At the showdown this week, the districts are supposed to take notes on effective communication from a bunch of pies. The best part was Jonathan's description of the implements of pie mobility as "giant pieholders," long sticks that had to be maneuvered in pairs. (This is the reality show season of the enormous chopsticks, after all, which makes me wonder when the Amazing Race contestants will have to carry Greek red-figure pottery on huge kabob skewers). Then they had to line up six communications-related inventions in chronological order. My friends, our educational system is in crisis, and Blaine and DK are being left behind. Blaine, who admits he doesn't know "electronical history," puts television first on the list — before the typewriter — on his first try, and then protests that radio had to come before the phonograph because "phonograph has CDs."

Luckily they win the reward this time, and the council — which seems to be just Greg acting alone — has to choose between four adorable ponies and letters from home. The moral theater of the reward choices is getting muddled for me; which is the irresponsible choice, exactly? Surely you can't call a letter from your mom an indulgence, much less a vice.

The council meeting is Respect Exercise Part II, with Greg protesting loudly when his constituents try to give him mostly astute advice, like listening and not calling people names. After some kind of clumsy producer intervention, or maybe just the passage of a lot of time elided by editing, Greg gives a half-hearted apology that wouldn't pass muster in a twelve-step program: "I see where they're right in a way, and I see where they're wrong in a way." Prediction: The reign of terror will continue.

For the first time, the gold star announcement comes out of nowhere, since we were not privy to any deliberations except the council's threat not to give the award, and there's no huddle before Greg gets up and gives it to Laurel. Again I wonder — is he flying solo here? Has Greg gone rogue? But it pays off with the classiest parental phone call evah: her mother screeching "You won twenty thousand DOLLAHS?!"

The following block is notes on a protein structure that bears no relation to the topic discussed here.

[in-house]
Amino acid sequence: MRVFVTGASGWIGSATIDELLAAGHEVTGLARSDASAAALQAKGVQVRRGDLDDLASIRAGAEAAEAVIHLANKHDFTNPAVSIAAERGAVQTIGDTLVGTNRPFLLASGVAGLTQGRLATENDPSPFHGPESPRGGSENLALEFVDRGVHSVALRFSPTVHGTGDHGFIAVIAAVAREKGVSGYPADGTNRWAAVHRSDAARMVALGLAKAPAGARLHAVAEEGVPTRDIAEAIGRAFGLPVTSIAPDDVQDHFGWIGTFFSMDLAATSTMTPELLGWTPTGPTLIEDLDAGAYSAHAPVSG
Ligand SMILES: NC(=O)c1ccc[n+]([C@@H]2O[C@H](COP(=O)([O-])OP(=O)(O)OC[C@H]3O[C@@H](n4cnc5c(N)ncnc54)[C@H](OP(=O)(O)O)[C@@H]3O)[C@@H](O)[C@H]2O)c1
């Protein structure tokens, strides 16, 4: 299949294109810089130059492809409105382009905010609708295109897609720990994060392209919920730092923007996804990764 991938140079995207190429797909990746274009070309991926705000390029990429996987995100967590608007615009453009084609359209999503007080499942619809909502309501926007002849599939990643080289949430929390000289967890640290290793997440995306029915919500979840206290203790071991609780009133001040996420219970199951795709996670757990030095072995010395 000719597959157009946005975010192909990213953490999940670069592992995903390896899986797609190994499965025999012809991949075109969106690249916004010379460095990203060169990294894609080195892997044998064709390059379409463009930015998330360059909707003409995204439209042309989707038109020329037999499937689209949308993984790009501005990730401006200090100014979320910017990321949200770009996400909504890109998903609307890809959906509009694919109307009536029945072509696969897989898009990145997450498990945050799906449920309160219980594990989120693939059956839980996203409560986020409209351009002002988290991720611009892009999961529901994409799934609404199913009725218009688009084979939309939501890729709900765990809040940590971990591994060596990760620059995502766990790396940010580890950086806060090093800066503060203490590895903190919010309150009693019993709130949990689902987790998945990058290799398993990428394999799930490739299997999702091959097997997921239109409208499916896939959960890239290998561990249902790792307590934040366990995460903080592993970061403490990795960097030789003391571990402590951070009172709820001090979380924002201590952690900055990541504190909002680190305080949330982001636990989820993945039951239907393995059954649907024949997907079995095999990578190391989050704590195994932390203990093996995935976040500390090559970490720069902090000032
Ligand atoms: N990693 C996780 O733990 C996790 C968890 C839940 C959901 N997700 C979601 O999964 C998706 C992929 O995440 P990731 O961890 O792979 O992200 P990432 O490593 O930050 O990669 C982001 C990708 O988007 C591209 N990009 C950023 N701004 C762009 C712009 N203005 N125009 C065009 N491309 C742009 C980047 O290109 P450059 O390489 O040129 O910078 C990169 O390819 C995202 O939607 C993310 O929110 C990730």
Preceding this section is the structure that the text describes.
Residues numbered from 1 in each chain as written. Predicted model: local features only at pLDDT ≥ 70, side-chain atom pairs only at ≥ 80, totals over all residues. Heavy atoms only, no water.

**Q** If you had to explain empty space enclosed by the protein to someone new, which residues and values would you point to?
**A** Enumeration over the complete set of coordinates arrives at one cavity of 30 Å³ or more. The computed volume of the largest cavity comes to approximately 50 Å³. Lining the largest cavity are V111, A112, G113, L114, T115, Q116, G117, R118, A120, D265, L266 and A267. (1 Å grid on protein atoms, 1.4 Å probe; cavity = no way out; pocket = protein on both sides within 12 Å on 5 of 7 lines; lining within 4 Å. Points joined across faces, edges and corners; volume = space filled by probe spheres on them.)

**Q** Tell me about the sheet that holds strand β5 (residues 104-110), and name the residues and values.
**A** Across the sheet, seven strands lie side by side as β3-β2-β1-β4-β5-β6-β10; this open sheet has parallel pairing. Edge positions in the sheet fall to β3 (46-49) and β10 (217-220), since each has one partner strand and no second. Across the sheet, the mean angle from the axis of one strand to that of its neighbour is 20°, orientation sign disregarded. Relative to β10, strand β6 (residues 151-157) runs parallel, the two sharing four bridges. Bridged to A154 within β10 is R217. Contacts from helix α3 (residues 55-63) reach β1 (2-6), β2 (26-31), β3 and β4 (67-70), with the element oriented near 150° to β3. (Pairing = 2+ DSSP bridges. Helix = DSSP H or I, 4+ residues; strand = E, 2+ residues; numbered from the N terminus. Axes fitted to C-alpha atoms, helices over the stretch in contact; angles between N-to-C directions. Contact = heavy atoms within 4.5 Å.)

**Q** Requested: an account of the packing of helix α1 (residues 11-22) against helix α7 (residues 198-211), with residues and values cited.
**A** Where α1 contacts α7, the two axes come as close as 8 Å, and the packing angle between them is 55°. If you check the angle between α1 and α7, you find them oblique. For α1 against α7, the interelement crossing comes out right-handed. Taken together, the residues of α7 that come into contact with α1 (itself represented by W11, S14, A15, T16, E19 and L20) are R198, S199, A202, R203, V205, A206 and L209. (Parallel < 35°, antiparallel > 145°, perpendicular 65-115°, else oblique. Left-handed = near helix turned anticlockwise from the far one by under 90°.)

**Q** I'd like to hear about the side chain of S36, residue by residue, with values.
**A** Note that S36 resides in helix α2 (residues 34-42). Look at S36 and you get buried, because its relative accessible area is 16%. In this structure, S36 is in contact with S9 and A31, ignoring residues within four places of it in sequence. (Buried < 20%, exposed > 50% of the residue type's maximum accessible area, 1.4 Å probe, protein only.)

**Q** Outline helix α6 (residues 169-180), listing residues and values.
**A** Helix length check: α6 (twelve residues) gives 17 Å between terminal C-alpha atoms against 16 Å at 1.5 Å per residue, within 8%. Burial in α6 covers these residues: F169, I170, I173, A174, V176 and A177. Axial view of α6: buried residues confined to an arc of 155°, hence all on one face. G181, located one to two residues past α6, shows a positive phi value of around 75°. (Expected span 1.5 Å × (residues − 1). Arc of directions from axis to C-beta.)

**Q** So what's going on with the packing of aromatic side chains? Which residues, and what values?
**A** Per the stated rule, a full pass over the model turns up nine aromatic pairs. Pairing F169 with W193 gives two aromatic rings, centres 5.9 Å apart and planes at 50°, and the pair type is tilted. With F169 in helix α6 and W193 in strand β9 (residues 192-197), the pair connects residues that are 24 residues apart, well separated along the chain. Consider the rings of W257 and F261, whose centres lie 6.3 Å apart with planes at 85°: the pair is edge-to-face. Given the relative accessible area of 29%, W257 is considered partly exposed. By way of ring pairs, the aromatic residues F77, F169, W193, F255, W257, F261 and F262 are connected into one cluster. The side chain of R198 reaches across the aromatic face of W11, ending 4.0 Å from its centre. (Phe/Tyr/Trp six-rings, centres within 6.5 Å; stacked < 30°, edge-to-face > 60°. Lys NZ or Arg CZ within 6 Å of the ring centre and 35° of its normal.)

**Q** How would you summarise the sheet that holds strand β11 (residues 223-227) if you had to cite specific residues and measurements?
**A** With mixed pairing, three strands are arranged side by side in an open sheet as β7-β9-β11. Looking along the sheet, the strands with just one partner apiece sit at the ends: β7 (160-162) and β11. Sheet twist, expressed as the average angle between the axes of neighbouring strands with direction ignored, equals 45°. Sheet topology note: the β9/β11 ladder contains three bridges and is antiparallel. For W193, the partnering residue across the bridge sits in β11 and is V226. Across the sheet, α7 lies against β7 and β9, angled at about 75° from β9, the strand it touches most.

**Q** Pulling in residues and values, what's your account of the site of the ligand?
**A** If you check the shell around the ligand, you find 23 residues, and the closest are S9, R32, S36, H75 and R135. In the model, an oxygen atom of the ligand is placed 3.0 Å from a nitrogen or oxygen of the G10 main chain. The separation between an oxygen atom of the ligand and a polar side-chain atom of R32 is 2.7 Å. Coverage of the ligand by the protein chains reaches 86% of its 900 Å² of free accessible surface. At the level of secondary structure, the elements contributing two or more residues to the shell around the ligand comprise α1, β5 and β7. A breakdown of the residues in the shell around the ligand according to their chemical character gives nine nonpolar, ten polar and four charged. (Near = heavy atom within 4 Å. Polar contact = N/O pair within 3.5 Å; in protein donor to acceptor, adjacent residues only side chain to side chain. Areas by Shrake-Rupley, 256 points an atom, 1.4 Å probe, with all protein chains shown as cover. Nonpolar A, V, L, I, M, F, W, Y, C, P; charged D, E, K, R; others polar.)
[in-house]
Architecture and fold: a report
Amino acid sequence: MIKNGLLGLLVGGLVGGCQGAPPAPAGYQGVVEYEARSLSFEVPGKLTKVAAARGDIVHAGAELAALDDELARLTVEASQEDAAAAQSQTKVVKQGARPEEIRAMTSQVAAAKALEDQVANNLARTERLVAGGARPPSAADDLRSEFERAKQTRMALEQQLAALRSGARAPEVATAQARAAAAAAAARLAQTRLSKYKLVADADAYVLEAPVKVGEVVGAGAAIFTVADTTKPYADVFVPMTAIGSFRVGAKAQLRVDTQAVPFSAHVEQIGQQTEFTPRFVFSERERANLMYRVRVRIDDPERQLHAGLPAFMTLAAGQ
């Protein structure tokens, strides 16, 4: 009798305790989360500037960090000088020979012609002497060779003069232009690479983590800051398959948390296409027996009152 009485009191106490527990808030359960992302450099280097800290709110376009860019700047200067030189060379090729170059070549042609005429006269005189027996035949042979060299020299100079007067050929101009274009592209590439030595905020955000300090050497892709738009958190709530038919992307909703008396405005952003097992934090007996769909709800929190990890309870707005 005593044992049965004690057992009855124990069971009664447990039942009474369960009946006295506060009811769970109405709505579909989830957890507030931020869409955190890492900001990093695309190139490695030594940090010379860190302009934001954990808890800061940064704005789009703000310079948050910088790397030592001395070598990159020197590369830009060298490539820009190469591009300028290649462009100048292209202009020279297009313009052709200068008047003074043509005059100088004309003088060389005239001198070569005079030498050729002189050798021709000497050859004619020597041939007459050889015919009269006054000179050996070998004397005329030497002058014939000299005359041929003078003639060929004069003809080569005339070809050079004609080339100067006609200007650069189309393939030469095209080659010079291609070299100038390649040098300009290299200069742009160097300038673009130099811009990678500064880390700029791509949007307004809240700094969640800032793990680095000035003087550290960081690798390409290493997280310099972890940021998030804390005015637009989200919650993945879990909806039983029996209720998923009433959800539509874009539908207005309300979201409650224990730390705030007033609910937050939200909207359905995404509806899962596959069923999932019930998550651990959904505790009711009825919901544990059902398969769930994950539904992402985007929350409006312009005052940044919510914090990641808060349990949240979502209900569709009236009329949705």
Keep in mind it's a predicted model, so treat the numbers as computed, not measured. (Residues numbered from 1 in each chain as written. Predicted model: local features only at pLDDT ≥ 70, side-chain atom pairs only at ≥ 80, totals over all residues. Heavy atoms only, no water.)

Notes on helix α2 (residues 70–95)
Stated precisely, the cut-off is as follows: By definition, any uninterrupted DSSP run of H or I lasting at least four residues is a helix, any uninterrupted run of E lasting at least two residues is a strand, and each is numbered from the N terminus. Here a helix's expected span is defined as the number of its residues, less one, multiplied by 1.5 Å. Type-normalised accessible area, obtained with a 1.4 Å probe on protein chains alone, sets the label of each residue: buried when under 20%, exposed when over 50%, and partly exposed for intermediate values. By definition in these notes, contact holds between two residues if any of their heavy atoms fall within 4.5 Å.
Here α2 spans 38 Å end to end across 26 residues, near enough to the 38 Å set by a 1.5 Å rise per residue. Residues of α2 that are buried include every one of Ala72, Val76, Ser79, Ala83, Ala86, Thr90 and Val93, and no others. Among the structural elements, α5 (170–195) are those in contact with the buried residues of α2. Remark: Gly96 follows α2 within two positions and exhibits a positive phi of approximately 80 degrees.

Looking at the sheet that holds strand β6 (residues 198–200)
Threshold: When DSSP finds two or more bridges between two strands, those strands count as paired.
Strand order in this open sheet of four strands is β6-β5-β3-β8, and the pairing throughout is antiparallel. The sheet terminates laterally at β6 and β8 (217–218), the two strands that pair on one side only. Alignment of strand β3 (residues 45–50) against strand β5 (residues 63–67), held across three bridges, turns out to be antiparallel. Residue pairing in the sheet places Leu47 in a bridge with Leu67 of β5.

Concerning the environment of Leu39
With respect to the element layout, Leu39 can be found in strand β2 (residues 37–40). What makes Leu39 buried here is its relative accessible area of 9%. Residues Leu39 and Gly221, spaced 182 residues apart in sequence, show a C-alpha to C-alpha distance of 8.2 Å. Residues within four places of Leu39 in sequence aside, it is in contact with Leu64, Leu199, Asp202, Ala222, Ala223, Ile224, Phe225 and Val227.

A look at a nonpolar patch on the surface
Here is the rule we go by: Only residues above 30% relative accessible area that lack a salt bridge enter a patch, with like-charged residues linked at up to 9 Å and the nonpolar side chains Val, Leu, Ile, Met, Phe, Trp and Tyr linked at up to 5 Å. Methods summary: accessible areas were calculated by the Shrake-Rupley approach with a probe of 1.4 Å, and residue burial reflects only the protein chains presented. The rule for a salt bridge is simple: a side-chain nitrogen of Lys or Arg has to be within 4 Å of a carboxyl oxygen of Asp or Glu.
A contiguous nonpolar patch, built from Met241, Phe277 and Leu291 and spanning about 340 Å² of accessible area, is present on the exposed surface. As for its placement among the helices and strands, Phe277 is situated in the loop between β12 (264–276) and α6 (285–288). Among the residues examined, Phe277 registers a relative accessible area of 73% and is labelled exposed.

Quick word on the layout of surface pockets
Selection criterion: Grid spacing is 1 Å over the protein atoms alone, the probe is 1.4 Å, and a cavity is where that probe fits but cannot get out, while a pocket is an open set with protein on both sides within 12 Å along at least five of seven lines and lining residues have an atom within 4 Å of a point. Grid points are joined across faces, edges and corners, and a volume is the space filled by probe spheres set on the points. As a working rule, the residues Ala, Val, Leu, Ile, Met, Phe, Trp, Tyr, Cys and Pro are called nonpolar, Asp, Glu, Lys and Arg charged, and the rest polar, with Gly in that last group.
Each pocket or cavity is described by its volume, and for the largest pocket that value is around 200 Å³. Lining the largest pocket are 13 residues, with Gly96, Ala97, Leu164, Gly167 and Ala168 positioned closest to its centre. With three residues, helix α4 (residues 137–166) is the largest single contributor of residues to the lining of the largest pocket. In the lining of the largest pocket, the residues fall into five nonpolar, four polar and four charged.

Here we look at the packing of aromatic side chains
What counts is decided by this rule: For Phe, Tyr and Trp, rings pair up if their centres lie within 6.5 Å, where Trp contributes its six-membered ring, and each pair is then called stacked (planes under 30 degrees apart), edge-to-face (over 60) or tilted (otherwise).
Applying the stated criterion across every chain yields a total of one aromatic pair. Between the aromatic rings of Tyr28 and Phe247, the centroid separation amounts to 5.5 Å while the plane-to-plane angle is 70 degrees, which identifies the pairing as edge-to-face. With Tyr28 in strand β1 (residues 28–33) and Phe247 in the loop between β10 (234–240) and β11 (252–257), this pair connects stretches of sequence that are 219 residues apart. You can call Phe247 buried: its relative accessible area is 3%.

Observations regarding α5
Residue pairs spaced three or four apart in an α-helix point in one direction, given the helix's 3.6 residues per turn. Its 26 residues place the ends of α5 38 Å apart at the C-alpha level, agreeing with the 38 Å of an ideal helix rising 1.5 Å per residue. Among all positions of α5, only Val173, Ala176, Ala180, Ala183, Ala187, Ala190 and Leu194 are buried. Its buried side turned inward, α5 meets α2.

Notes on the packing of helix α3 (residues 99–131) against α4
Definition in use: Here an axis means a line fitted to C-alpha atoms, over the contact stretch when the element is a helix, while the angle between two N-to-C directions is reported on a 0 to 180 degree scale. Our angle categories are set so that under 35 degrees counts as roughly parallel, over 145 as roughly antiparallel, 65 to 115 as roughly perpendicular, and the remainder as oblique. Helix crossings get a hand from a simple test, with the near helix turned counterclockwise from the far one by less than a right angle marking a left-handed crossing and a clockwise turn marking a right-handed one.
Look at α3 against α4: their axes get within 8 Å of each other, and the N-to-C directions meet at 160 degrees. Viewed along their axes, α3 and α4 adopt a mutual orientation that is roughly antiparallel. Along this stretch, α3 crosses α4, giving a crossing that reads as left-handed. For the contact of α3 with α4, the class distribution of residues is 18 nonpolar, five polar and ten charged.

Even though this episode featured kid-on-kid meanness that this parent found nigh unbearable, I was on the edge of my seat. And with Greg and Blaine promising to run the ghost town on revenge, resentment, and their unresolved feelings about their emotionally unavailable fathers, I'll be here until the last gold star gets handed out.

Next week: Taylor's back to her old tricks, which should make Josh (back on blog duty) very happy.

Grade: B+

Stray observations:

- The last time I subbed for Josh on this assignment, there was a surprise council election. I am becoming the TV Club expert on the reality competition political process, direct democracy subcategory.

- Sophia, after Greg's election: "It's like someone just won a presidential election with no background check." Um, do we do background checks on presidential candidates?

- My least favorite part of the show is the producer's weekly effort to make us believe someone is going home. Tonight: Taylor, Lauren, and Zach all get pushed prematurely out the door because they had the temerity to admit to being a little blue.

- Jonathan, during the showdown: "Blue is just eating pie!"

- Greg, honey, you may think you know what "tough love" is based on the way your folks apparently treat you, up to and including putting you on this show. But trust me on this: insults and condescension ain't love — they ain't even tough.